Most people would have preferred to see friendly Australian Marcos Ambrose in the Sonoma Winners Circle on Sunday instead of Jimmie Johnson.
And despite what some cynical fans believe, NASCAR would have preferred it, too.
An Ambrose victory would have been fantastic for the sport: A fresh face for the public relations department to sell this week, and a surge of international attention from Australia – where Ambrose is one of the most famous athletes in the country.
So for those who say, "NASCAR handed Johnson and Rick Hendrick another victory" with its not-so-controversial ruling, that's just flat-out silly.
You know who handed Johnson and Hendrick the win? Marcos Ambrose.
Let's just be honest: No matter how cheery and affable Ambrose may appear, he made one of the all-time bonehead moves in Sunday's race.
It stinks that it happened and it was certainly heartbreaking for his fans (more than a dozen came from Australia just for the race). But the only person to blame here is Ambrose.
Those who try to point the finger at NASCAR or say it was a bad call have no case. This was one of the most obvious decisions NASCAR has been faced with in the last few years.
The rule is that drivers must maintain a reasonable speed under the caution flag. Ambrose made a tremendous mistake trying to coast uphill with his engine off, and he ultimately stopped on the track.
No matter what your definition of "reasonable" is, coming to a complete halt doesn't fit. So NASCAR enforced the rule.
And some people are crying foul over that?
There are some who point to the infamous 2007 race at Kansas as an example of NASCAR precedent and say officials should have made a similar ruling with Ambrose. In that instance, Greg Biffle dramatically slowed down as he was coming to the checkered flag and was passed by a couple other cars – but NASCAR said he still won.
At the time, NASCAR said its judgment was that Biffle did maintain a reasonable speed (I still don't think he did, but my opinion doesn't really count). So he kept the win.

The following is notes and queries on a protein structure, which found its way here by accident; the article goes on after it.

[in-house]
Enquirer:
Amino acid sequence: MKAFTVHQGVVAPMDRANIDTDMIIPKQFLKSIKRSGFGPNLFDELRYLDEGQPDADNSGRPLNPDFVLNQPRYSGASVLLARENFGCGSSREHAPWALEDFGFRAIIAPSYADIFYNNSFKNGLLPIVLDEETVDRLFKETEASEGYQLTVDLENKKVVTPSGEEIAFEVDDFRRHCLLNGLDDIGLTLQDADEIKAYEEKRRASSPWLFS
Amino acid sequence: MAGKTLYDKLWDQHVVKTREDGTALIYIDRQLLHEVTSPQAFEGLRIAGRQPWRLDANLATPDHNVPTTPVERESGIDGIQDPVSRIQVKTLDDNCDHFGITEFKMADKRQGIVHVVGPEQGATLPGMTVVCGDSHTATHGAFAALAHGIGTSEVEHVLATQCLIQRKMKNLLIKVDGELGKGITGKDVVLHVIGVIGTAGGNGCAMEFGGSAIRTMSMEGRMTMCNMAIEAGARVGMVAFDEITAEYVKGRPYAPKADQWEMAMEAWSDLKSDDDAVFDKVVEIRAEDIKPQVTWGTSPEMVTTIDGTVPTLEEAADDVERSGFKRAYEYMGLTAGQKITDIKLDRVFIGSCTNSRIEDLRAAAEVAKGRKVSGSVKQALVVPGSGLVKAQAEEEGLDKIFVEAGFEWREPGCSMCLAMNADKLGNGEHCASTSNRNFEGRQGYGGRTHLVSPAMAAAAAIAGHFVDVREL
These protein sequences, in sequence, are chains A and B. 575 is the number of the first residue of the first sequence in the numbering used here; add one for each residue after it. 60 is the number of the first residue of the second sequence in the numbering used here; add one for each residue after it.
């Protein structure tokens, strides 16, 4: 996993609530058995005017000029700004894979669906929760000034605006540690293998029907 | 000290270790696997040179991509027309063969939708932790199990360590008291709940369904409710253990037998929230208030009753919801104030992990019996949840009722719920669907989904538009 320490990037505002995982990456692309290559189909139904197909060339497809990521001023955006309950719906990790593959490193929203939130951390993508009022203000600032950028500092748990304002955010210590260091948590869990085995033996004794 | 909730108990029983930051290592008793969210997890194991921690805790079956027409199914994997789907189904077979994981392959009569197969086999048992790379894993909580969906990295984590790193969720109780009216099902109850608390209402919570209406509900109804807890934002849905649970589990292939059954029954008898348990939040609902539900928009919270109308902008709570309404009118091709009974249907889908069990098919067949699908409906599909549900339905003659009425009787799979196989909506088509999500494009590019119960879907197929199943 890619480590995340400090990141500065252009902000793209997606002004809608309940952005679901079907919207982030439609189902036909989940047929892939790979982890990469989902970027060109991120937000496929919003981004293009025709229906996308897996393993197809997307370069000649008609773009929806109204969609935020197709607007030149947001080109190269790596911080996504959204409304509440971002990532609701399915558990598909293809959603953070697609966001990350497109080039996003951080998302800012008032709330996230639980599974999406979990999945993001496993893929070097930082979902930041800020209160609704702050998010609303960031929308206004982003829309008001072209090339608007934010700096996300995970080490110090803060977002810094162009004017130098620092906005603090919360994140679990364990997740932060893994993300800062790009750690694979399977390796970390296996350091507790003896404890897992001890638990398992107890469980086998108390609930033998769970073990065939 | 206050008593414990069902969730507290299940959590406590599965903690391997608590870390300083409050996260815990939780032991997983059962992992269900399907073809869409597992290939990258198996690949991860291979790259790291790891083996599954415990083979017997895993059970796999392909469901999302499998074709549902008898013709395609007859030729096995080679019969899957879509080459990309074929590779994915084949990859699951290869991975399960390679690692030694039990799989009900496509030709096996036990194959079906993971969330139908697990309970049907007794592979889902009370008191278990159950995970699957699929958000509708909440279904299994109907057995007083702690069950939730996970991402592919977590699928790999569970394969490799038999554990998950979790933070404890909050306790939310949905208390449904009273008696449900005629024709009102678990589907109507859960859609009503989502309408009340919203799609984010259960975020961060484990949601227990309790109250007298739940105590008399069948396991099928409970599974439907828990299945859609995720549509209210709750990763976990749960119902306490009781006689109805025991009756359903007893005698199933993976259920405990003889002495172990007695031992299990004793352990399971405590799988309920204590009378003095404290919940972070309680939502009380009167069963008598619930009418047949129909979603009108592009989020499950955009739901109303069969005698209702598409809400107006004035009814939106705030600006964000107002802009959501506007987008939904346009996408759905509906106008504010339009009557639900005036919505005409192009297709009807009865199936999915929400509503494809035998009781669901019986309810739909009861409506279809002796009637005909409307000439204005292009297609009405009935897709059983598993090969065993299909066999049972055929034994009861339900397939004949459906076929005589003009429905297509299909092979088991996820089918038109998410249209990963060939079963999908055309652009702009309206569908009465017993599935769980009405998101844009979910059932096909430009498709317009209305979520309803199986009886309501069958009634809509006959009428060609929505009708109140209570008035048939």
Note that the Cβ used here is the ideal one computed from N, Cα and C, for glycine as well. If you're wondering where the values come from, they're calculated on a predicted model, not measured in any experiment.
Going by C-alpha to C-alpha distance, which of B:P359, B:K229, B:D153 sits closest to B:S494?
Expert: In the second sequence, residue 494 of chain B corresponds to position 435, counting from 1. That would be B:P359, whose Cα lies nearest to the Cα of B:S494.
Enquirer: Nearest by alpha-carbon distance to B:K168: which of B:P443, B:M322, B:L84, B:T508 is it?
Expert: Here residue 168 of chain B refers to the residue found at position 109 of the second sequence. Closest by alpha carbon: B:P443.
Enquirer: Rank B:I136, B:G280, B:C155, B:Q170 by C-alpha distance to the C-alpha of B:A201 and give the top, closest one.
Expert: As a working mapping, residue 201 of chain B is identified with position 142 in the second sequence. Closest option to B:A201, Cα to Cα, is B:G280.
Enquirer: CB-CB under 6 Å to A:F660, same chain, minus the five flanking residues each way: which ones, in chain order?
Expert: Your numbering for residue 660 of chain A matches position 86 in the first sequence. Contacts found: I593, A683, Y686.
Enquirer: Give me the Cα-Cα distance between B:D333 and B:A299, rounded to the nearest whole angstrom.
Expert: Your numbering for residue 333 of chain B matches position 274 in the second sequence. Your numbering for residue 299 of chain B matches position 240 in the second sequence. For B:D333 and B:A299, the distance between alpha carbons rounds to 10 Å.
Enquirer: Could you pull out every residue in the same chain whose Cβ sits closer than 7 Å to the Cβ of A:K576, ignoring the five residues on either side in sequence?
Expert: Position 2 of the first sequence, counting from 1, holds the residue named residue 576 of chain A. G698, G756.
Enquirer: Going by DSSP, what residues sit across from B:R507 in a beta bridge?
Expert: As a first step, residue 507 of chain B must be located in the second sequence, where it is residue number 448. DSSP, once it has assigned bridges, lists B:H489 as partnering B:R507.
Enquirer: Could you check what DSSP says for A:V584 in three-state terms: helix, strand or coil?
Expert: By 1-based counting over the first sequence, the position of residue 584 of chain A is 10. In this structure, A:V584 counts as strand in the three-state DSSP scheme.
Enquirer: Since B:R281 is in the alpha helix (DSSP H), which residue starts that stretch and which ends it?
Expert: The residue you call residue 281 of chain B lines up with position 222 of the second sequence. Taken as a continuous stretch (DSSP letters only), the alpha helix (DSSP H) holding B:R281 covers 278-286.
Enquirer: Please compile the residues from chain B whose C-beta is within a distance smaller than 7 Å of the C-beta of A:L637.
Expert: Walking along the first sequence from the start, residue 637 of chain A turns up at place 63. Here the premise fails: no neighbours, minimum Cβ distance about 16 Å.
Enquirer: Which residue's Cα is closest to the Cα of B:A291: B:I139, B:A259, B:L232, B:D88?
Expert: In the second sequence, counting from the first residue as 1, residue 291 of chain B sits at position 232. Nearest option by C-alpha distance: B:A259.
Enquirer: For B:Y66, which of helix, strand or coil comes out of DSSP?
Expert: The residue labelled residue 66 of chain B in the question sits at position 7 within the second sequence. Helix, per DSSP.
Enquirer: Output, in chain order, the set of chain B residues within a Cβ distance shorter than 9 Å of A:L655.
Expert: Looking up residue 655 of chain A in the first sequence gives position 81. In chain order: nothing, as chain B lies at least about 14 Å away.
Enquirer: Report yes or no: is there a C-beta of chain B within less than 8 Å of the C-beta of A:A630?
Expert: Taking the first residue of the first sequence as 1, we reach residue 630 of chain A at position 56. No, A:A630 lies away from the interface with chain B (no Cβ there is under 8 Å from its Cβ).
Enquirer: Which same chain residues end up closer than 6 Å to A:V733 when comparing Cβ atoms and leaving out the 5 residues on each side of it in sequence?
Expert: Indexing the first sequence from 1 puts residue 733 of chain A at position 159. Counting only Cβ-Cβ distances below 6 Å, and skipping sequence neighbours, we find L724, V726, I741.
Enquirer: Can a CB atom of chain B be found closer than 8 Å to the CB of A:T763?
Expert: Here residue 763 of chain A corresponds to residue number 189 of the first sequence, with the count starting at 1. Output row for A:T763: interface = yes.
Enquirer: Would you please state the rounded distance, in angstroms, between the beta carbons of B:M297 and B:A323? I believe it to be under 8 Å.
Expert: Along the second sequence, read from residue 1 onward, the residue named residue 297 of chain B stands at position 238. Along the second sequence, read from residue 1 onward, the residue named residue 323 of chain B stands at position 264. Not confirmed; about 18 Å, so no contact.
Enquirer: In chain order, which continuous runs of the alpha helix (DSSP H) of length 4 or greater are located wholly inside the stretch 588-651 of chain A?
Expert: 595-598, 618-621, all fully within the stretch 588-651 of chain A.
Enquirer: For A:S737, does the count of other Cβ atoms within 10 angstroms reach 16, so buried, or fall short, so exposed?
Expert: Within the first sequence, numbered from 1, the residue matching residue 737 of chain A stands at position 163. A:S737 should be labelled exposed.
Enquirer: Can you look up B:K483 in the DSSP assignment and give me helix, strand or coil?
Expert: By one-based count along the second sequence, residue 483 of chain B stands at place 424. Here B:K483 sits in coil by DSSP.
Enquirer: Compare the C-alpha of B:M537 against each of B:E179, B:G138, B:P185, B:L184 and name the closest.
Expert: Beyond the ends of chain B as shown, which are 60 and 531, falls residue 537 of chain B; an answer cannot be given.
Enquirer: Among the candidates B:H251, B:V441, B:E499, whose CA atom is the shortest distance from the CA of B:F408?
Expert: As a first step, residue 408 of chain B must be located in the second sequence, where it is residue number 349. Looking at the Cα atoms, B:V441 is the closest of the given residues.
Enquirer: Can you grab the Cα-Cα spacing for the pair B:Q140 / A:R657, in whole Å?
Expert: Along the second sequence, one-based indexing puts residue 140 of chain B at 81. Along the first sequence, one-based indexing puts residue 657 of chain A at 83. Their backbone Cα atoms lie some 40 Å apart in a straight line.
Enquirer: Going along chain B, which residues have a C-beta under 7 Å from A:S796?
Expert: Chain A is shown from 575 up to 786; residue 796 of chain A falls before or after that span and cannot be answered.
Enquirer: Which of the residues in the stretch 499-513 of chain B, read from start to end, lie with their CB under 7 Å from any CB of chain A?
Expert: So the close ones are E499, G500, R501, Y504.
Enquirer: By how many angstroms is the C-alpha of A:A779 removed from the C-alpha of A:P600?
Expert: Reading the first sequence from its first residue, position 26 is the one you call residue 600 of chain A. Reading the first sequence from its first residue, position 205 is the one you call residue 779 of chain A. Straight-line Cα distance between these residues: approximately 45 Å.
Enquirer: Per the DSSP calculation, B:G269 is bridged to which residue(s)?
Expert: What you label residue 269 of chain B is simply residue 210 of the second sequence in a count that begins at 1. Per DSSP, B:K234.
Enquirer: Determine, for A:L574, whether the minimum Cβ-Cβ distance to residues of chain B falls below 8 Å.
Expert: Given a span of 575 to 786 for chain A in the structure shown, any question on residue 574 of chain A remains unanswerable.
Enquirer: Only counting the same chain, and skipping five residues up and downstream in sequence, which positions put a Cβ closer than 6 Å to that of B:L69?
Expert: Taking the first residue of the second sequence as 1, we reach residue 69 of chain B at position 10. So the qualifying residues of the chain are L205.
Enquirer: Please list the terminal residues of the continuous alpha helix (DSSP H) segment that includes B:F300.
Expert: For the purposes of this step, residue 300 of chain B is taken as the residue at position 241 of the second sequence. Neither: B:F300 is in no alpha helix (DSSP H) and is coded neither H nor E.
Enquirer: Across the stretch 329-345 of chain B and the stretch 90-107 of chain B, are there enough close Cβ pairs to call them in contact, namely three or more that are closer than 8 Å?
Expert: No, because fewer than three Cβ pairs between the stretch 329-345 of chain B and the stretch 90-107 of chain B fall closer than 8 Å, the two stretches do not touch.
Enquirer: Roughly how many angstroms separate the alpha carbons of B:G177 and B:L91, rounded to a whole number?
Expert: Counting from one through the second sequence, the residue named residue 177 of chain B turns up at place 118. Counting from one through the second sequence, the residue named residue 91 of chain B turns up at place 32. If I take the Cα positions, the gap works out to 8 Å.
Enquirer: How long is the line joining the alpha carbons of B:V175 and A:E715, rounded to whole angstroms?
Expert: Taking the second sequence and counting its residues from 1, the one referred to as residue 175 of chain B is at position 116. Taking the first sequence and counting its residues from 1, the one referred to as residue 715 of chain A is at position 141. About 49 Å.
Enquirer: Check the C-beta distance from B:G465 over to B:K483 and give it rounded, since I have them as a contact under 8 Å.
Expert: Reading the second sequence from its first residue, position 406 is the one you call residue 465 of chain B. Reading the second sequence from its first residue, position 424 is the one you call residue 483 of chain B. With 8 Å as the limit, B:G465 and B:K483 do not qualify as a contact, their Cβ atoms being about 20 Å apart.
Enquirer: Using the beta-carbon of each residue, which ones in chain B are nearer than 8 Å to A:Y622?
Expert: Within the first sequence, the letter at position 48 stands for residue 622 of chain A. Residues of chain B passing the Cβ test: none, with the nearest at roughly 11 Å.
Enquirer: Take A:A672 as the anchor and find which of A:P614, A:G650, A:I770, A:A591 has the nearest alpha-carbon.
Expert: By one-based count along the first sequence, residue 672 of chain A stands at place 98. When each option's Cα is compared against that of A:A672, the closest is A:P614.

Those wishing for NASCAR to apply the Biffle ruling to Ambrose are asking officials to make another wrong and turn it into a right. Ambrose's situation, though, is even more obvious than Biffle's.
Just what went through Ambrose's head inside that car? Ultimately, his lack of experience in a pressure situation probably hurt him. Just laps earlier, he had sounded frantic in yelling at his crew to shut up, saying he needed to concentrate.
Well, the crew listened. So crew chief Frank Kerr didn't come on the radio to remind Ambrose he had plenty of fuel remaining and there was no need to try and save any.
For some reason, Ambrose out-thought himself and decided there was a threat of an empty tank. He cut off his engine to conserve some gas and began to coast up a hill. That was a bad idea, since he couldn't get the engine to refire and came to a halt.
It was stunning to watch Ambrose's No. 47 car stop on the track, and it left a sour taste in the mouths of those who couldn't stand to see another Johnson victory. But it had nothing to do with NASCAR somehow playing favorites.
The rule is the rule. So as disappointing as the race may have been, NASCAR can't just give back a spot to a driver who completely stops.
Sadly for Ambrose – who deserves a better fate – it will undoubtedly go down as one of the memorable blunders in NASCAR history.
Let's just hope it doesn't define Ambrose's career and that he gets a bit of redemption with a win someday.